Fires Driven by Drought, Forest Clearing Ravage Sumatran Elephant and Tiger Habitat
Fires across Indonesia this summer and fall, driven by a wet season cut short by drought, drained peatlands turned to tinder, and farmers conducting slash-and-burn forest clearing, have ravaged habitat for critically endangered Sumatran elephants and tigers.
The dry season fires were “particularly destructive in southern Sumatra, burning around 8% of Sembilang National Park” and endangering critical habitat for its resident elephants and tigers, Mongabay News reports.
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Sumatra’s elephant population has been in decline since the 1980s, when Indonesia launched a massive resettlement project that moved more than two million people from the densely-populated island of Java to other islands in the archipelago. From an estimated pre-resettlement population of 4,000, the Sumatran elephant is now significantly endangered, with only 1,400 individuals remaining, down 1,000 in the last decade alone. Those losses owe significantly to human-elephant conflict, Mongabay writes.
While poaching and other direct attacks on the species are serious problems, the absence of “a secure habitat in many areas” is escalating the crisis, said Indonesia Elephant Forum Secretary Donny Gunaryadi.
Elephant researcher Yoga Travolindra agreed, telling Mongabay that “the [primary] problem for the Sumatran elephant today is that their habitat and ecosystems are disturbed from the conversion of land from secondary forests and shrubs into oil palm plantations by several companies located around the national park.” Satellite data show that while the September-October fires occurred largely in areas of mangrove, which are not prime elephant habitat, some of the forests frequented by elephants in Sembilang did burn.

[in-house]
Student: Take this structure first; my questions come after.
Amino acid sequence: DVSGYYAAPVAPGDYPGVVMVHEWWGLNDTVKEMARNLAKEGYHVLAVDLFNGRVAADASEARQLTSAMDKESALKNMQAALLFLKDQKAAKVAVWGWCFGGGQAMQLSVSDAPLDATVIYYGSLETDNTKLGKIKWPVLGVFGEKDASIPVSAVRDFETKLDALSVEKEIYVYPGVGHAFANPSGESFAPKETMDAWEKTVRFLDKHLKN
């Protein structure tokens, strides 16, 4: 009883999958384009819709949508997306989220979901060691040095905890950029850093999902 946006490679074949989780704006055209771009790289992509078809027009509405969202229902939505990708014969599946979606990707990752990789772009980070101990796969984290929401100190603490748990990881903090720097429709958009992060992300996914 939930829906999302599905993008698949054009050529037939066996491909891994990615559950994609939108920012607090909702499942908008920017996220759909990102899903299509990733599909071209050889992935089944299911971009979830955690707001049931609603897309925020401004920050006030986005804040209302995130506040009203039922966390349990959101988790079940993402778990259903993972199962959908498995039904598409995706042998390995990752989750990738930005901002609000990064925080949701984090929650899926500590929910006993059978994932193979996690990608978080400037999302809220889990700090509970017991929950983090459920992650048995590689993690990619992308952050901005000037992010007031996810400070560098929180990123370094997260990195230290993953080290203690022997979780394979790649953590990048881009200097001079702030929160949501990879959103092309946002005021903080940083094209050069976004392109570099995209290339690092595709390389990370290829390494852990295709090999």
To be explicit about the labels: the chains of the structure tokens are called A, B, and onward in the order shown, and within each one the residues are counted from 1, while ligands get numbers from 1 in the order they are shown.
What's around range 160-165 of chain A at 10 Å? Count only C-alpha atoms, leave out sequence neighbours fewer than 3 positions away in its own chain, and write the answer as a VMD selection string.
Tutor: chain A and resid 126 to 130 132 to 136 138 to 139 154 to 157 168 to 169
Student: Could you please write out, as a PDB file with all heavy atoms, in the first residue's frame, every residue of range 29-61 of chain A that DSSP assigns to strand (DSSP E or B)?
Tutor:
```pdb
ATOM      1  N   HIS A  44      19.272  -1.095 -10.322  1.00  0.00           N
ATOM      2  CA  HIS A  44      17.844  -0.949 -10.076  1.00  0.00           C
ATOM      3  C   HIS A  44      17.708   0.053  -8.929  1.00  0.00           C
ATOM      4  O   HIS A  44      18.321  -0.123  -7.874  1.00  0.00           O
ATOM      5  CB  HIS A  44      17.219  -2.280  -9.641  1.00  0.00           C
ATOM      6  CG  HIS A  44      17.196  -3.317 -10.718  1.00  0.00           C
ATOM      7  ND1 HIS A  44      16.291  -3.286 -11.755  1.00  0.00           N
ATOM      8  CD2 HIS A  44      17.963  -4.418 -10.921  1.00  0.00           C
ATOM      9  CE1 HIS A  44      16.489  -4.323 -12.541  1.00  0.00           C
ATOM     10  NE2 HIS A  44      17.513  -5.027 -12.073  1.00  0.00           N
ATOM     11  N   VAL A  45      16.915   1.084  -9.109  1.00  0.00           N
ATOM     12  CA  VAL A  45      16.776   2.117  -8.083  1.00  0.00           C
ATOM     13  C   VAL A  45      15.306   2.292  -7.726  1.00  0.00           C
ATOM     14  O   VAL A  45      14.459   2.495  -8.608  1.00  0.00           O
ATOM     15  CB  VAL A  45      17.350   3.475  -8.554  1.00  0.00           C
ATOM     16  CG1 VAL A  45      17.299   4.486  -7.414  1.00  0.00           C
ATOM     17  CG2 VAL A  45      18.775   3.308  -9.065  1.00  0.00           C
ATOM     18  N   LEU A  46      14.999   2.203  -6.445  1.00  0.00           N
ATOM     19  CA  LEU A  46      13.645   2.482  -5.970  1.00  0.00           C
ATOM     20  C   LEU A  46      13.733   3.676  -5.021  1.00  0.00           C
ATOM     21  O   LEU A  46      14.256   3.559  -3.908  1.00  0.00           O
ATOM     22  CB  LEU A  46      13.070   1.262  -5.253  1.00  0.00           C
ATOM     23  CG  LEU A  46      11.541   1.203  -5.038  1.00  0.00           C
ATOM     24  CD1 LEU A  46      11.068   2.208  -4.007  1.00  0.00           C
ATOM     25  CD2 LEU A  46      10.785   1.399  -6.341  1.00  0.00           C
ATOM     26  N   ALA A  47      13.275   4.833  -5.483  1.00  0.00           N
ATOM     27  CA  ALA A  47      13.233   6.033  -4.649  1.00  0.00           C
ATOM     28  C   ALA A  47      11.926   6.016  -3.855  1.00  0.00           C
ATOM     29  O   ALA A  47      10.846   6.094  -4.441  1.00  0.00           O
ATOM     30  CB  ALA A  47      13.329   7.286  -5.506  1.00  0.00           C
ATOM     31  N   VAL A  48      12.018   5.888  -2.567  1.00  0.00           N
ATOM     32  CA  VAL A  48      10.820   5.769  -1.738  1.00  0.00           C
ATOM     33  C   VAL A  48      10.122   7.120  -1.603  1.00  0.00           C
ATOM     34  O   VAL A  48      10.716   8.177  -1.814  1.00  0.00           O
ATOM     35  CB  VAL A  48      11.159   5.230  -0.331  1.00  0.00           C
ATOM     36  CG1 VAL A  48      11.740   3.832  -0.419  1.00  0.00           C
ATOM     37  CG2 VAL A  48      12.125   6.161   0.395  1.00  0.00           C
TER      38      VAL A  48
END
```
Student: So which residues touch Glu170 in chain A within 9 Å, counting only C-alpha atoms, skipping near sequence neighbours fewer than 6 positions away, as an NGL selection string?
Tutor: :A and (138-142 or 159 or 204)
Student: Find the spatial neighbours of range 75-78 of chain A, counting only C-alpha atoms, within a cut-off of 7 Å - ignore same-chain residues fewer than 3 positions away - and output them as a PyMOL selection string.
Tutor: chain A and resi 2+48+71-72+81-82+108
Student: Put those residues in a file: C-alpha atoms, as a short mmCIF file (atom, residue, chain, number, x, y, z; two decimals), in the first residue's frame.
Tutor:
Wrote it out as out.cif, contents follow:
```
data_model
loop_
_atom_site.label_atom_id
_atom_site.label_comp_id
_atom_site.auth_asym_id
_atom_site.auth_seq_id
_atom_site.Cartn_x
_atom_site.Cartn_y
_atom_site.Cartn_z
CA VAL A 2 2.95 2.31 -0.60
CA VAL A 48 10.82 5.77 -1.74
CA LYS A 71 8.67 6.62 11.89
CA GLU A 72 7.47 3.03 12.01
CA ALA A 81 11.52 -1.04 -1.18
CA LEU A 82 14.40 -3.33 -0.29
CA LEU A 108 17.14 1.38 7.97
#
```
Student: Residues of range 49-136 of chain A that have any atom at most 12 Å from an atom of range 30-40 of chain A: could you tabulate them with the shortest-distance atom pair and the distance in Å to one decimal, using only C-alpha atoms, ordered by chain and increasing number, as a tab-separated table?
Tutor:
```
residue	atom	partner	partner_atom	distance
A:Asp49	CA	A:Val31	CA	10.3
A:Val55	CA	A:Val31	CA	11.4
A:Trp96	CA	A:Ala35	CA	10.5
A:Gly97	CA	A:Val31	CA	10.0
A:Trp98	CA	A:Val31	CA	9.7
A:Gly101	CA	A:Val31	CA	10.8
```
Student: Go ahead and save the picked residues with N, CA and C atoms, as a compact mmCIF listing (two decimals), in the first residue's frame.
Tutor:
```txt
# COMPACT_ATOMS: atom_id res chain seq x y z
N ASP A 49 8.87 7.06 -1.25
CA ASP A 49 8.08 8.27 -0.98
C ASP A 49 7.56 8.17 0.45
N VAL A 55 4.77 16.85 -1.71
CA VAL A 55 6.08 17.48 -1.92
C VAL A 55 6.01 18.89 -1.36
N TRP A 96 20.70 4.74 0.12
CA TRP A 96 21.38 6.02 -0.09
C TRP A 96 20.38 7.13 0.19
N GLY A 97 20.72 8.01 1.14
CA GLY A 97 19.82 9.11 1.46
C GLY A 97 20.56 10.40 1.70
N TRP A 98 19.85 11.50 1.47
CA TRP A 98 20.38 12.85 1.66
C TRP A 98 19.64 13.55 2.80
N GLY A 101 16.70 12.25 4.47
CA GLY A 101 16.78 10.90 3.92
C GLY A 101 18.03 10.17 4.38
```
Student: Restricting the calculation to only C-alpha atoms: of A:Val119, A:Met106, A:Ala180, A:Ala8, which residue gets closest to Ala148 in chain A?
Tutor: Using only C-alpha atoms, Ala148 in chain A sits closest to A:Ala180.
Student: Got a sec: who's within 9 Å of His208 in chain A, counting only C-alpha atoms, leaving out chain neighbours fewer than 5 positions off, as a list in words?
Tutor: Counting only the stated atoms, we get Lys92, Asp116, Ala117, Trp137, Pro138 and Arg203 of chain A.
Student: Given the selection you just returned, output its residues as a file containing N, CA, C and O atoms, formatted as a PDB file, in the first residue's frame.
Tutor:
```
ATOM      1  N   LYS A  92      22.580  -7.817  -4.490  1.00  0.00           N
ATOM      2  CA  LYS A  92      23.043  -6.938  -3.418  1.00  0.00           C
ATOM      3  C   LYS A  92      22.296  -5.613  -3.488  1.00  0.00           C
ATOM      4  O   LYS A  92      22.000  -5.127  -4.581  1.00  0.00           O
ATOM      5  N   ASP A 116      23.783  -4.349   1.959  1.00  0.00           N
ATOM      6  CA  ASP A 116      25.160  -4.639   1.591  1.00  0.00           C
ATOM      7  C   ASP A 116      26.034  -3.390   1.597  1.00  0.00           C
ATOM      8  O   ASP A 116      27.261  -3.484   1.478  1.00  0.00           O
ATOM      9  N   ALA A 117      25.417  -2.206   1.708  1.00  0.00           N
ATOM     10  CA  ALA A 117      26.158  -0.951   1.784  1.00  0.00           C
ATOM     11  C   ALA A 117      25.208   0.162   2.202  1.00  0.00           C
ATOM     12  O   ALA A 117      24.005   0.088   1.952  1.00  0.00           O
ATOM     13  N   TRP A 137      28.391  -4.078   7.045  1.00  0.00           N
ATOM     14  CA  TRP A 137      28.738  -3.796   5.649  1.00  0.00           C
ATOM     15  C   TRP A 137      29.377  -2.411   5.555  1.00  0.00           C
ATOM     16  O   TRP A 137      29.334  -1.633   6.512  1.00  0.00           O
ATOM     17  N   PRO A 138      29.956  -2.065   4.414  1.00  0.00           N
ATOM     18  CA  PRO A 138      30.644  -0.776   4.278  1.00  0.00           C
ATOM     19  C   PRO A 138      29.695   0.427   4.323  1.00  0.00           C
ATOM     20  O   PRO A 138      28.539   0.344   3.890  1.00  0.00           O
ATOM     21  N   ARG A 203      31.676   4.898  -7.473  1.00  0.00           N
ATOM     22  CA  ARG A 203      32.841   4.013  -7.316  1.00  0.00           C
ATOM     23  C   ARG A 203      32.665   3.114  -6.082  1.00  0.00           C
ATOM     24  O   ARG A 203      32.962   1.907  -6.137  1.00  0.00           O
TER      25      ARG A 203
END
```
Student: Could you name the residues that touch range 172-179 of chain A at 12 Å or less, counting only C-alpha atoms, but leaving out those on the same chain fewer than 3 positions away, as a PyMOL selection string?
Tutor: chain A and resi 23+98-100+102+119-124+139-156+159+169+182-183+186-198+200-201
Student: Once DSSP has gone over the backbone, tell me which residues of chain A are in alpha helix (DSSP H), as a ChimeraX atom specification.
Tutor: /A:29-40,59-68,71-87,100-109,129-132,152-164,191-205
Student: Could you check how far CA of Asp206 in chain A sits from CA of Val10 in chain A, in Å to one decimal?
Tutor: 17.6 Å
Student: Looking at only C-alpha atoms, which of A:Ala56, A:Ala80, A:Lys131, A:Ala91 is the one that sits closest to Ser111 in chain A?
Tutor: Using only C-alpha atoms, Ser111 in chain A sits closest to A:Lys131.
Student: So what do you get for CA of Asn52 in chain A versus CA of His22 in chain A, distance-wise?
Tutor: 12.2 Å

Worse hit was the Padang Sugihan Sebokor Wildlife Reserve southeast of Sembilang, a critical corridor for wild elephants that was hit by fires across half of its territory.
Sembilang’s Sumatran tigers also suffered from fires that burned in the park in late summer and into fall, with satellite data showing about 30% of their habitat destroyed.
Travolindra said this year’s blazes likely began as intentional fires set to clear forest land, then spiraled out of control thanks to a “drier-than-usual dry season” that left Indonesia’s forests, but especially vast swaths of farmland that were once peat bog, tinderbox dry.
Waterlogged in their natural state, the nation’s peatlands have been significantly drained by farmers, and by loggers anxious for access to the timber that often grows there. Drained and dry, peatlands are “extremely combustible” and “very hard to control,” notes Mongabay, as Indonesia learned during devastating fires in 2015 that led to more than 100,000 premature deaths.
World Resources Institute land use accountability manager Bukti Bagja told Mongabay that while serious efforts are being made to rewater the peatlands, success has been elusive, with the typical remedy of blocking drainage canals so that water levels rise naturally failing due to a lack of rain.
Alongside those hydrological problems, the country faces socio-political ones, with ingrained attitudes to land use meaning that peatland exploitation continues despite the wildfires.
Arief Wijaya of World Resources Institute Indonesia told Mongabay that “longer-term land use governance issues need to be addressed in areas affected by fires, including increasing clarity about access to protected lands, resolving issues involving overlapping claims, and strengthening spatial planning policies.”
Educational outreach is also urgently needed, Baja added. “Local communities and law enforcement have been slow to adapt to changing conditions, and need to be more aware that the peatlands are much drier now than they were just two or three years ago,” he explained. “They think they can control [the fires they set], but this statement is not valid because the situation has changed.”